Today, I have something to say.
Almost 2 weeks ago, Suzanne Wright, co-founder of Autism Speaks, wrote a call to action. This started a shitstorm in the autism community. Autism Speaks is as triggering as vaccination, causation, cure, and person first language. I try to stay away from all of the above.
...well, not person first language. I will totally argue my right to say that my son is autistic. To recognize that his autism is as much a part of him as his gender and his race, and in no way should he ever be made to feel that his neurology is a disease, a birth defect (you can't see me fuming at that, Mr. Ford & Associates, but I am.), that there is something wrong with him, that he is the reason for my heartache or despair. That he is less valuable as a human being, a drain on the "normal" people, or that he needs to be eradicated. He is not an epidemic or a national health crisis. He is not missing or broken, he is not breaking up our family, he is not causing me any unnecessary stress. He is Alex. He is my son, he is wonderful, he is a pain in my ass, and he is autistic.
Oh, look at that. I already summed up my argument against, not only Suzanne Wright's post, but also against Autism Speaks. Our life is lived moment by moment, but not in despair. I do live in fear that I will lose my son, he is a wanderer, but I am not mourning what is not already lost. Alex is not lost. *yet* *knock on wood* Mentally. Alex is not lost mentally, not trapped in his own world, not absent from reality. He is right here, he can easily be "found" if you care enough to look.
I do not support Autism Speaks. I, personally, find the message they are spreading about what autism is to be disgusting and I want no part of it. I do not care if you support Autism Speaks. This is a personal choice. Look at it and decide for yourself. I will not try to convince you not to support them, you don't try to convince me to support them, and we'll call it even.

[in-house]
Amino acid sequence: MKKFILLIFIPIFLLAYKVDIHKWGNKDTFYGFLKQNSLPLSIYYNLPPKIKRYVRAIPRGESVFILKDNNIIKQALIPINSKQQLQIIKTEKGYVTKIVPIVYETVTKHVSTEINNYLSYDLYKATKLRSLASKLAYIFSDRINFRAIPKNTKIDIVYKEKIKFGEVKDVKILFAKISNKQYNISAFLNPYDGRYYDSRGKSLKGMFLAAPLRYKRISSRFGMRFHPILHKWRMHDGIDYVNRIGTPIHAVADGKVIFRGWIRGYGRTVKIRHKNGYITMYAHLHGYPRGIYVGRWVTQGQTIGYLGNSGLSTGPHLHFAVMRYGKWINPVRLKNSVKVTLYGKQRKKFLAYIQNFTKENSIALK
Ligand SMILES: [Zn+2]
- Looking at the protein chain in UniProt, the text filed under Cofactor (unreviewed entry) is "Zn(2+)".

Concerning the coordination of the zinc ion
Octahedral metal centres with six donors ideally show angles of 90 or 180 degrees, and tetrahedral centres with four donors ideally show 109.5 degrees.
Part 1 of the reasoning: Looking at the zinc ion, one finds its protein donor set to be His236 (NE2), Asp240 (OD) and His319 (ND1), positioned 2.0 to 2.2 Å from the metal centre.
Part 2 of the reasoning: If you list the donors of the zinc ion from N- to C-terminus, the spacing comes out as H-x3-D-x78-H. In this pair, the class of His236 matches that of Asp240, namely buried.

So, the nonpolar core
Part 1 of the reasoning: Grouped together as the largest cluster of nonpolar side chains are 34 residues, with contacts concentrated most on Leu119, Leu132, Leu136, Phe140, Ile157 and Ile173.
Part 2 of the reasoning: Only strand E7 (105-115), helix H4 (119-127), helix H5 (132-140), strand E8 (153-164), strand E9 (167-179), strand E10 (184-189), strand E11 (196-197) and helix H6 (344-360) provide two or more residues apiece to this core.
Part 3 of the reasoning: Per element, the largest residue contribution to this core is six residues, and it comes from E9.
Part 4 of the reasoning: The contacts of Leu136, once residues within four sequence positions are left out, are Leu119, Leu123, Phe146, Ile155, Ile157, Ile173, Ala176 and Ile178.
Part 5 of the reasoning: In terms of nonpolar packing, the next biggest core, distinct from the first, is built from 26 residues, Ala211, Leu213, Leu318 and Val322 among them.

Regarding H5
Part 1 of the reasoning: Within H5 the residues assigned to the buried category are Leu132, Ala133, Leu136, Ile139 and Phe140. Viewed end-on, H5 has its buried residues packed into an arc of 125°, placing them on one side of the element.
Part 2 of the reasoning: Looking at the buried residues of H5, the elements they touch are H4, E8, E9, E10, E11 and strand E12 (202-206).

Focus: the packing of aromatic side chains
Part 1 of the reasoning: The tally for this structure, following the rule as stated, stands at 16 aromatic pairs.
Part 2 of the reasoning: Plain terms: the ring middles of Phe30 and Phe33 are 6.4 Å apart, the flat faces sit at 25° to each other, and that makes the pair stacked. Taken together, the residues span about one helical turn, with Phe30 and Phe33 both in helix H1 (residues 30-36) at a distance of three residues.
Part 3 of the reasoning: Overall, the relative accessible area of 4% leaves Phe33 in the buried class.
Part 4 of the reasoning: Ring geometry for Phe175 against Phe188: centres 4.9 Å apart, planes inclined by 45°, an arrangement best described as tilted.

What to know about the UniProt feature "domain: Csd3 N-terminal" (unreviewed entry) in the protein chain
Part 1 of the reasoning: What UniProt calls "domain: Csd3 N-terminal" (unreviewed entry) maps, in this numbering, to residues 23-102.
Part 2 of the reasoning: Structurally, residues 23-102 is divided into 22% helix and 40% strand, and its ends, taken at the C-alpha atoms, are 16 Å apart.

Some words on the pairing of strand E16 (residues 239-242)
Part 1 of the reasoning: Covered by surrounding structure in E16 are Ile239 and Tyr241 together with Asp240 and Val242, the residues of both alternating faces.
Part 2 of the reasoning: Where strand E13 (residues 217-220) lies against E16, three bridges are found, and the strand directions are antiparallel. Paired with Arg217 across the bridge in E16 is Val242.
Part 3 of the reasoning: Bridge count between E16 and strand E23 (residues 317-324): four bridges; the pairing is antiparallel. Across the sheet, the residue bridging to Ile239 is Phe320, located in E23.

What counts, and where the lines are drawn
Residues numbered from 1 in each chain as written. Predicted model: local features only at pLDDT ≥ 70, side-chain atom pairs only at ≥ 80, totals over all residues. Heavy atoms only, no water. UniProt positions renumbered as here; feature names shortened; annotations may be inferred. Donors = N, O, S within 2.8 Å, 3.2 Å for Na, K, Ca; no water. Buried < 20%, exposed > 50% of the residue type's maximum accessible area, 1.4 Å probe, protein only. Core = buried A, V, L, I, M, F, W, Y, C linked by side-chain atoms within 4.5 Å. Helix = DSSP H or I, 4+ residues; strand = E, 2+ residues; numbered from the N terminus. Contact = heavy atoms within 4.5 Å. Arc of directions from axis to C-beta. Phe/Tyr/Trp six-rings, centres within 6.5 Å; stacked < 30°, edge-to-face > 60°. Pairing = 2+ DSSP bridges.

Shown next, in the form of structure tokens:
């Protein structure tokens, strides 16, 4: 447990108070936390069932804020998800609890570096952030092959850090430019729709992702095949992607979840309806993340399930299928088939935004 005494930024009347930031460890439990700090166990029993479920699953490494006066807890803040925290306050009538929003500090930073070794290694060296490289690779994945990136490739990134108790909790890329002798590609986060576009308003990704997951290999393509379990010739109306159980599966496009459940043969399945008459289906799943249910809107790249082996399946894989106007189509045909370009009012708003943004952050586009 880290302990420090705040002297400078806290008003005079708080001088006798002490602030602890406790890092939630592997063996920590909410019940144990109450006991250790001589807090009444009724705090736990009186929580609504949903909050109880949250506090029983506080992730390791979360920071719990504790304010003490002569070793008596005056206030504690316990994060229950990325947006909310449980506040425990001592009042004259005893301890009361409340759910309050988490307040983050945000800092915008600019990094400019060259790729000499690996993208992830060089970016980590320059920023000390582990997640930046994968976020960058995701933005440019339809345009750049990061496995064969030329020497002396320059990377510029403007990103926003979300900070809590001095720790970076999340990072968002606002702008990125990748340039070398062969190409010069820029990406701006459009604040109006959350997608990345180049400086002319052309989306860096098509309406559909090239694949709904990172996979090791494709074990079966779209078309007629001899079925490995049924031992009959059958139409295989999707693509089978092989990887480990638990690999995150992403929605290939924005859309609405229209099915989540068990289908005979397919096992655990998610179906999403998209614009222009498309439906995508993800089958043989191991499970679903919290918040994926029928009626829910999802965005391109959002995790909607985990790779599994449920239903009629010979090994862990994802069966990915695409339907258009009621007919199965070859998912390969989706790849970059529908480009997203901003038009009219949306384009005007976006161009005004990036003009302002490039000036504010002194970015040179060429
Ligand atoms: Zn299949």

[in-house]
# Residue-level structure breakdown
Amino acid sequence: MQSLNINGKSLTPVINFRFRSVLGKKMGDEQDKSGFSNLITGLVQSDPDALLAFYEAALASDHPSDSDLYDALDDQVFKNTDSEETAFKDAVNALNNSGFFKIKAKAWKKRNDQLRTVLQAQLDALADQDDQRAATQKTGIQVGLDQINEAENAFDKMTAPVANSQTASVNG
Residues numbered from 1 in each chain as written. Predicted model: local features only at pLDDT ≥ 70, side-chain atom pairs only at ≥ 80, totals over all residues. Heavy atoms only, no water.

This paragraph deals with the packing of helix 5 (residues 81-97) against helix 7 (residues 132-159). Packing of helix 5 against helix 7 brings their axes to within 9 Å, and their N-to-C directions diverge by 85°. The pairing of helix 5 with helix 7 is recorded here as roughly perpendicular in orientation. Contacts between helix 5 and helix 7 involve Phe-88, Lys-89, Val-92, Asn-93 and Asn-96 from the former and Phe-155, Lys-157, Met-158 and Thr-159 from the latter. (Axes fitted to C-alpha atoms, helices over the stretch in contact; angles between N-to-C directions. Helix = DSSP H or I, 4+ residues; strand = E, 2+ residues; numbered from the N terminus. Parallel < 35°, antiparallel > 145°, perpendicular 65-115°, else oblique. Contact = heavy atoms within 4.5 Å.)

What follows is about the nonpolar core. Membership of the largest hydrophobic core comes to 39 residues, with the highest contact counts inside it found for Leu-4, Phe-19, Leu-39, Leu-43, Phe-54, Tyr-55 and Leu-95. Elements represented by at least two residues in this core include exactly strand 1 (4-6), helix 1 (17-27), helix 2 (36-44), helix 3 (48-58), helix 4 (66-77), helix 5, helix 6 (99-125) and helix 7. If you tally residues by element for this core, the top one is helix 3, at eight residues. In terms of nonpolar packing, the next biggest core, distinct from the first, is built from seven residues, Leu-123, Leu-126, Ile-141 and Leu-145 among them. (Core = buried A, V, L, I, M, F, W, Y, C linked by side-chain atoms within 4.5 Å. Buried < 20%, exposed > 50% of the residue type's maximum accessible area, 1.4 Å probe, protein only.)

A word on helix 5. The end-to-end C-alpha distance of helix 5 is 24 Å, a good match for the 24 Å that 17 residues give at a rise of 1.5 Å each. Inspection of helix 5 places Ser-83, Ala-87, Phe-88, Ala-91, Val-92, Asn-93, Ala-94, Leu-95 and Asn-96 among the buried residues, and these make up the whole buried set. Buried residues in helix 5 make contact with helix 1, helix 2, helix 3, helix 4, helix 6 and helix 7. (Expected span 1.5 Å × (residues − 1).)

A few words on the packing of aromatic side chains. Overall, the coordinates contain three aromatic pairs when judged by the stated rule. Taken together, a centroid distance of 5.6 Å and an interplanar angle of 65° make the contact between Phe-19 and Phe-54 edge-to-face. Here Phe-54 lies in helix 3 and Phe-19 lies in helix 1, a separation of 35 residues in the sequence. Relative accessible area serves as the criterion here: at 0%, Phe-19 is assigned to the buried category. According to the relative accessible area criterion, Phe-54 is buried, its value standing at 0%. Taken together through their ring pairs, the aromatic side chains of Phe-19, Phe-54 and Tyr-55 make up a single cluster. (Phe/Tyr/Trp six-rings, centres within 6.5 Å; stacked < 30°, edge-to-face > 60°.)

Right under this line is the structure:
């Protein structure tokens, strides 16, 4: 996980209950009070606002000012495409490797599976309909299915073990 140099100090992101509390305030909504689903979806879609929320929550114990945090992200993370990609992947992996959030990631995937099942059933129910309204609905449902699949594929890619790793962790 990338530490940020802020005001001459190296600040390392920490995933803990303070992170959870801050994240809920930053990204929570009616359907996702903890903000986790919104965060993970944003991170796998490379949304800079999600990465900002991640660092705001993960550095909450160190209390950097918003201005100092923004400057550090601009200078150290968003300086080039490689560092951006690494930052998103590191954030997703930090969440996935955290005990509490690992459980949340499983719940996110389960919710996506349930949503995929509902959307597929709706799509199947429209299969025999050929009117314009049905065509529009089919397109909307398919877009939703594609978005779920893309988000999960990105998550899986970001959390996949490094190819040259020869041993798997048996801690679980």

The autism that Autism Speaks portrays is NOT our autism.
The autism that many bloggers are portraying in their arguments to Suzanne Wright- the always happy, joyful, never a problem autism- is NOT our autism.
All of the moments that are huge, and all of the moments that are just... normal. He's living his life just the same as you are. Moment by moment. Day by day. The clock keeps ticking, memories keep being made. Life keeps being lived.
This is our autism.
A mixture of both worlds; the terrifying picture of a family in crisis- afraid to sleep, afraid to look away for even a moment, worried about what comes next- and the beautiful picture of a happy, smiling family living a charmed life.
I think you call that a normal life. At least... it is for us.
Yes, we need a national plan. Medical. Educational. Home. We need to make sure all of our children are getting the services they need, that our families and our schools are getting the support and education they need. That the adults are getting the services and supports that they need. Yes, we need help NOW. Real help.
But we also need a more realistic view of autistic individuals. Adults. Teenagers. Children. Toddlers. They are not the sweet little angels some make them out to be, and they are not the devils others make them out to be. Reality is somewhere in the middle.